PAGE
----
Hong Kong is promoting itself as an innovation and technology hub for companies looking to tap into the Asian market.
The Director-General of the Hong Kong Economic and Trade Office, London, Ms Priscilla To, said: 'Entrepreneurs from around the world and renowned research and technology institutes choose Hong Kong as a regional base for developing their ideas and innovations, making use of facilities just across the border to develop prototypes over a few days, and Hong Kong's connectivity and network, to tap into the Mainland and Asia markets.""
She said the territory offered many strengths and advantages as a technology ""super-connector"" for Asia. She was speaking at a business seminar held by Invest Hong Kong in partnership with the Institute of Directors, City of London branch. The event was part of London Technology Week, and supported by Tech London Advocates.
Ms To said Entrepreneurs from around the world and renowned research and technology institutes chose Hong Kong as a regional base for developing their ideas and innovations, making use of facilities just across the border to develop prototypes over a few days, and Hong Kong's connectivity and network, to tap into the Mainland and Asia markets.
""Hong Kong is at the heart of Asia and at the doorstep of the strong production base in south China as well as the huge Mainland consumer markets. Internationally, Hong Kong's fixed broadband penetration rate and average broadband speed are among the highest in the world. Hong Kong has an average peak connection speed of 94.8 Mbps, which is the highest in the world.""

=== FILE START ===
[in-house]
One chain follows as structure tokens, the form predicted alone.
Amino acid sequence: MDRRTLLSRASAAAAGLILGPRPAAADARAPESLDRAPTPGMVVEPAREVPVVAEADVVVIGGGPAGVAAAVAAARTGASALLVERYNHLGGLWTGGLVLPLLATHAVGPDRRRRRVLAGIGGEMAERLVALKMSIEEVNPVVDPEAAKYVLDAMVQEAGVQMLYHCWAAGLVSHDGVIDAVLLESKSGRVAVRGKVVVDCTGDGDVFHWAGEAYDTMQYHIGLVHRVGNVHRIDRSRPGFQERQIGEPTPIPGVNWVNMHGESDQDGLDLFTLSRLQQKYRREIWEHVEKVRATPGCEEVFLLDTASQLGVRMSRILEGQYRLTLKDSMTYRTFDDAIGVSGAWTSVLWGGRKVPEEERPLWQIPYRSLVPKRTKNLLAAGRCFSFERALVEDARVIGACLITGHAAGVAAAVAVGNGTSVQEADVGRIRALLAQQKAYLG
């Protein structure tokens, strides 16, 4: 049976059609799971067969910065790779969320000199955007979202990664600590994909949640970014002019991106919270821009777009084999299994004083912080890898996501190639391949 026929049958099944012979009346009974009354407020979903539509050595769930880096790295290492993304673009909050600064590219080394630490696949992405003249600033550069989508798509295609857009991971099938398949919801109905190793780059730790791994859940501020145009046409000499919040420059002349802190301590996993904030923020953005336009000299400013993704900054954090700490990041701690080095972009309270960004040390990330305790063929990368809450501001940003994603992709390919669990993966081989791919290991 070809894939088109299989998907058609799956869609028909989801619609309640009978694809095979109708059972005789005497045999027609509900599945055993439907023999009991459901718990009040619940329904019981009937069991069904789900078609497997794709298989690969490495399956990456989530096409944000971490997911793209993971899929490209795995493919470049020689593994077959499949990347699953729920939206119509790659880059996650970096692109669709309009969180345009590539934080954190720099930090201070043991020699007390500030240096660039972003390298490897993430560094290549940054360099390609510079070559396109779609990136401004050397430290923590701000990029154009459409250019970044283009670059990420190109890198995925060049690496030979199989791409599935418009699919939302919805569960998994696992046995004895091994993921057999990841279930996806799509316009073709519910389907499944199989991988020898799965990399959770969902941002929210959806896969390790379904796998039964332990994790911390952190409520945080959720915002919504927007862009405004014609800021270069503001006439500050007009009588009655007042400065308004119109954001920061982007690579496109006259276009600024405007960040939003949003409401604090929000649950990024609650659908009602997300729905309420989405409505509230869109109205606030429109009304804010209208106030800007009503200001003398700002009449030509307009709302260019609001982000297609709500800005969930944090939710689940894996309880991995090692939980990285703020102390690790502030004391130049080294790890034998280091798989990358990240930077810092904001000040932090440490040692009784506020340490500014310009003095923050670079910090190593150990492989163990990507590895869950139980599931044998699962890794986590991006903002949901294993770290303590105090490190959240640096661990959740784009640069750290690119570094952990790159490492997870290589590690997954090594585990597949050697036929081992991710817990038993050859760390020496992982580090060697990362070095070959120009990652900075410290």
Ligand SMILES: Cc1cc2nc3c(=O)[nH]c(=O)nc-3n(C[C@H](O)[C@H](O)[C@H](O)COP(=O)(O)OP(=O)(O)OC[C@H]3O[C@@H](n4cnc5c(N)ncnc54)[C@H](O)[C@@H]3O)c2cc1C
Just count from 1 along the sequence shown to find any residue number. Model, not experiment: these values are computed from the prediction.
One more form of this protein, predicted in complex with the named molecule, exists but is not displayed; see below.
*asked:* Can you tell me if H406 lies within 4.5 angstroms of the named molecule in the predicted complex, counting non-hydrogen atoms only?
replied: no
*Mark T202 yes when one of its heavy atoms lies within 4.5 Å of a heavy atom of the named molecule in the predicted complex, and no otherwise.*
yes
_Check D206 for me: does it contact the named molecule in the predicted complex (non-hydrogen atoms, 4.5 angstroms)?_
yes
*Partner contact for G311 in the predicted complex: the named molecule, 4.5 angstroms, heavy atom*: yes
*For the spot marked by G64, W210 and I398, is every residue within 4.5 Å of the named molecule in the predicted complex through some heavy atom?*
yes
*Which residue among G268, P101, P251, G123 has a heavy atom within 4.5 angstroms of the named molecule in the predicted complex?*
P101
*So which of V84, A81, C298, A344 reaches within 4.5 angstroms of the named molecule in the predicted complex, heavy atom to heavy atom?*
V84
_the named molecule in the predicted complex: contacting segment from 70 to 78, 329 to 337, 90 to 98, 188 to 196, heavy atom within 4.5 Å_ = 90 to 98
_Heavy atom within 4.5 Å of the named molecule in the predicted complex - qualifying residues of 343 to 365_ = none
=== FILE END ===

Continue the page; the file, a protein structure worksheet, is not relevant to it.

Ms To also highlighted the booming start-up sector in Hong Kong. ""We are developing fast into one of the world's most popular start-up hubs. Our start-ups have increased by nearly 50 percent from 2014 to over 1,500 now, and many of these are actually technology or information and communications technology start-ups,"" she said.
She also mentioned the initiatives put in place by the Hong Kong Government to promote innovation and technology development. In this year's budget, the Government allocated an unprecedented ‚¤1.6 billion to promote innovation and technology development.
However recent articles in Forbes and the South China Morning Post have expressed very different views, A Forbes article on 20 June said: 'Generally speaking, people in Hong Kong are aware of the shortcomings of the city when considered against other places. The entrepreneurial spirit does not exist as much compared to, say, Beijing.
'Hong Kong is a major financial center, which supplies very convenient jobs with nice salaries to locals and expats who then have no urge to work on a startup. The crazy real estates prices are definitely unappealing for entrepreneurs looking to live there and build a startup.'
The South China Morning Post on 22 June reported: 'Hong Kong could face a challenge from Singapore in attracting start-ups in the emerging Internet of Things (IoT) and connected devices markets, with the Lion City actively supporting entrepreneurs to develop ideas for its '˜'Smart Nation' plans.
'Although the Hong Kong government has identified IoT as a potential new economic driver, it is still in the early stages of developing a so-called smart city while Singapore is already promising to give start-ups a role in creating the city of the future.'